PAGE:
Though they're among the least-exposed areas of our bodies, as we generally keep them snuggled comfortably inside socks or shoes, our feet are also literally under a lot of pressure, which can make them intolerable to a number of painful afflictions. Of the many forms foot pain can take, one of the most potently unpleasant is plantar fasciitis.
The plantar fascia is an apparatus of connective tissue that runs along the bottom of your foot from your heel to the base of each toe, supporting the arch. When this tissue becomes inflamed, the condition is known as plantar fasciitis, and is generally marked by severe pain on the bottom of the heel.
What Causes It?
The most common cause of this affliction is what's called overpronation. Put simply, pronation is a process your feet go through with every step you take: after your heel hits the ground, the foot rolls inward slightly, or pronates, as the bottom of your foot makes contact with the ground to support your body weight and cushion the impact.
Overpronation occurs when this inward roll of the foot is too extreme, concentrating the shock of impact in too small an area rather than distributing it evenly through the foot. Over time, this action can lengthen the arch, which in turn puts tension on and can inflame the plantar fascia.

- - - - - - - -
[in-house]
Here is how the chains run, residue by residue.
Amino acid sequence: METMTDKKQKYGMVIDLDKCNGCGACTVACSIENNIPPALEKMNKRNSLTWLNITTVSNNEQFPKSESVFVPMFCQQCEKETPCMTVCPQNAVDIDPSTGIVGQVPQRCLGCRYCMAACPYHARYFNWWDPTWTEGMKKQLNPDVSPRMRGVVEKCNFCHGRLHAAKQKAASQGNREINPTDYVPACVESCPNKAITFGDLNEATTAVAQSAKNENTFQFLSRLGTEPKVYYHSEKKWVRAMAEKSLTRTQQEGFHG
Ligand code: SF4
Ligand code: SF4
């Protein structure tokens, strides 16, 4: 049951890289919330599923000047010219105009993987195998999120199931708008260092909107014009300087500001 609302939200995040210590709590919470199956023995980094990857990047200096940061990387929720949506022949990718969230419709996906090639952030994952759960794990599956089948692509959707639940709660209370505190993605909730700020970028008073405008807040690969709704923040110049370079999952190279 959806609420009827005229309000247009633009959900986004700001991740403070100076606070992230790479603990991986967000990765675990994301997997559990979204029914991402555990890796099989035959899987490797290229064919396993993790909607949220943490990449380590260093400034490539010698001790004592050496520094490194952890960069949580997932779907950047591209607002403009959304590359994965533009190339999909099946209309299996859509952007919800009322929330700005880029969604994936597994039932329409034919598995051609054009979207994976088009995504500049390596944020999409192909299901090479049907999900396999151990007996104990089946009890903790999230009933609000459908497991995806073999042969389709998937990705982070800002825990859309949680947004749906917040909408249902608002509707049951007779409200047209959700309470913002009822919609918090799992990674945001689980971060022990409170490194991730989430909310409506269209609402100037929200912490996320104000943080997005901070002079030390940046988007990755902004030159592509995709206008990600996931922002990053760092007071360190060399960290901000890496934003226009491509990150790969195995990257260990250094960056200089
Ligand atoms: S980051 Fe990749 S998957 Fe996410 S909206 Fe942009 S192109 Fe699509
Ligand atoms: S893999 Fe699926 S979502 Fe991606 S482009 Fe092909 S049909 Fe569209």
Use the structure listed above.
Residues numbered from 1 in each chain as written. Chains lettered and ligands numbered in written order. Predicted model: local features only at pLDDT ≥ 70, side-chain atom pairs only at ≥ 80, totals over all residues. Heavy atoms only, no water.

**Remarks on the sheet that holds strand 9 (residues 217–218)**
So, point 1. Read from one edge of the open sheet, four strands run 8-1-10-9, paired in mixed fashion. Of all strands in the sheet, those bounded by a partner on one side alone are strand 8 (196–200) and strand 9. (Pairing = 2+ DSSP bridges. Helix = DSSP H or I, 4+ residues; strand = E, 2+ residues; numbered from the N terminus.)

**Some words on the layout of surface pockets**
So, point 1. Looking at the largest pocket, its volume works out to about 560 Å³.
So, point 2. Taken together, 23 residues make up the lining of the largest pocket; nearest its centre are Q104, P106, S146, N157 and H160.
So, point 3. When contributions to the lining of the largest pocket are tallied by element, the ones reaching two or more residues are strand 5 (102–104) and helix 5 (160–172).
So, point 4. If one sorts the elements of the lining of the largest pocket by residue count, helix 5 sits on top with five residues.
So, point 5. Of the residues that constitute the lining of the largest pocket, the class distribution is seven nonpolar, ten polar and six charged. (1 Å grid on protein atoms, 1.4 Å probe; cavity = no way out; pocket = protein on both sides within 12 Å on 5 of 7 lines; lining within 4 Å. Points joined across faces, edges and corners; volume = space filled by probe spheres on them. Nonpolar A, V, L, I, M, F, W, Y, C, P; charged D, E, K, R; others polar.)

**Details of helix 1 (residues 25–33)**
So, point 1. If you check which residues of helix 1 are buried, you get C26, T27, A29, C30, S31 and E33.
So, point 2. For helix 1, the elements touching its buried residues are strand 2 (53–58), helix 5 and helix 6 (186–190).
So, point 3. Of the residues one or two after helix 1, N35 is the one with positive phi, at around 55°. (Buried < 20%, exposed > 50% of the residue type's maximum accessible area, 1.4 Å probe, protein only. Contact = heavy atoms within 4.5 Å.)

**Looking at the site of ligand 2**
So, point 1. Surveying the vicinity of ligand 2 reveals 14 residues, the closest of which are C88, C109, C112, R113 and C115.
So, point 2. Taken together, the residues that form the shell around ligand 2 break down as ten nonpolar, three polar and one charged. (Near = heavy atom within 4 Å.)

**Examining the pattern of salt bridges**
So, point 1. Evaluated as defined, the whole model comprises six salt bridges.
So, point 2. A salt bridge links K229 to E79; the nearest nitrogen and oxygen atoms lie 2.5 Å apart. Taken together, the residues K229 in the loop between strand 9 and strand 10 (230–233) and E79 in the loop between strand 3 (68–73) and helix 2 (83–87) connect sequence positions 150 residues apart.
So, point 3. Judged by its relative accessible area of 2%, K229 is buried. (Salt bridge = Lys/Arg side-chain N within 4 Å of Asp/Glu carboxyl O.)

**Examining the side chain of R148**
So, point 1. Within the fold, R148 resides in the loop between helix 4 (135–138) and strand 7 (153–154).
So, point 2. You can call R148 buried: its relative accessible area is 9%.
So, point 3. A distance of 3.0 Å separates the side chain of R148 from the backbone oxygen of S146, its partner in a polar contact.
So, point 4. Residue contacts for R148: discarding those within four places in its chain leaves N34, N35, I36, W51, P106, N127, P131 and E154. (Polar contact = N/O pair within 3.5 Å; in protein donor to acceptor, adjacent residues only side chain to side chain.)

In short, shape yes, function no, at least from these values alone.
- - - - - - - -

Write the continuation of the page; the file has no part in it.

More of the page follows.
What Are Some Remedies?
Although it's unquestionably a painful disorder, the good news is that many cases can be successfully treated through very conservative means. The associated foot pain and swelling are often treated by methods no more aggressive than ice packs or over-the-counter medications like aspirin, and future flare-ups can sometimes be pretended simply by means of stretching exercises or the purchase of shoes with proper arch support.
In more stubborn instances, the sufferer may find it beneficial to be fitted for custom orthotics, which can help decrease pain while restoring proper function. A podiatrist may also inject the site of inflammation with corticosteroids, though this approach is often painful. Surgery may also be performed in extreme cases.
One option for patients who have received no relief from other treatments but do not wish to undergo injections or surgery is extracorporeal shockwave therapy (ESWT), a noninvasive procedure in which sonic waves are focused on the area of foot pain, in much the same way that acoustic shock waves can be used to dissolve kidney stones. These waves, it is believed, can stimulate new blood flow to the area, which promotes the healing of damaged tissue. Some clinical studies have shown ESWT to have a 70 percent success rate in treating long-term plantar fasciitis, but at present the FDA has approved its use only for patients who have had the condition for more than six months and have tried at least three conservative treatments without success.
Of course every case is different, so you should never begin a treatment regimen without seeking the advice of a podiatrist. If you suspect you may have plantar fasciitis, contact a podiatrist in your area to determine what is the best way for you to give this condition the boot!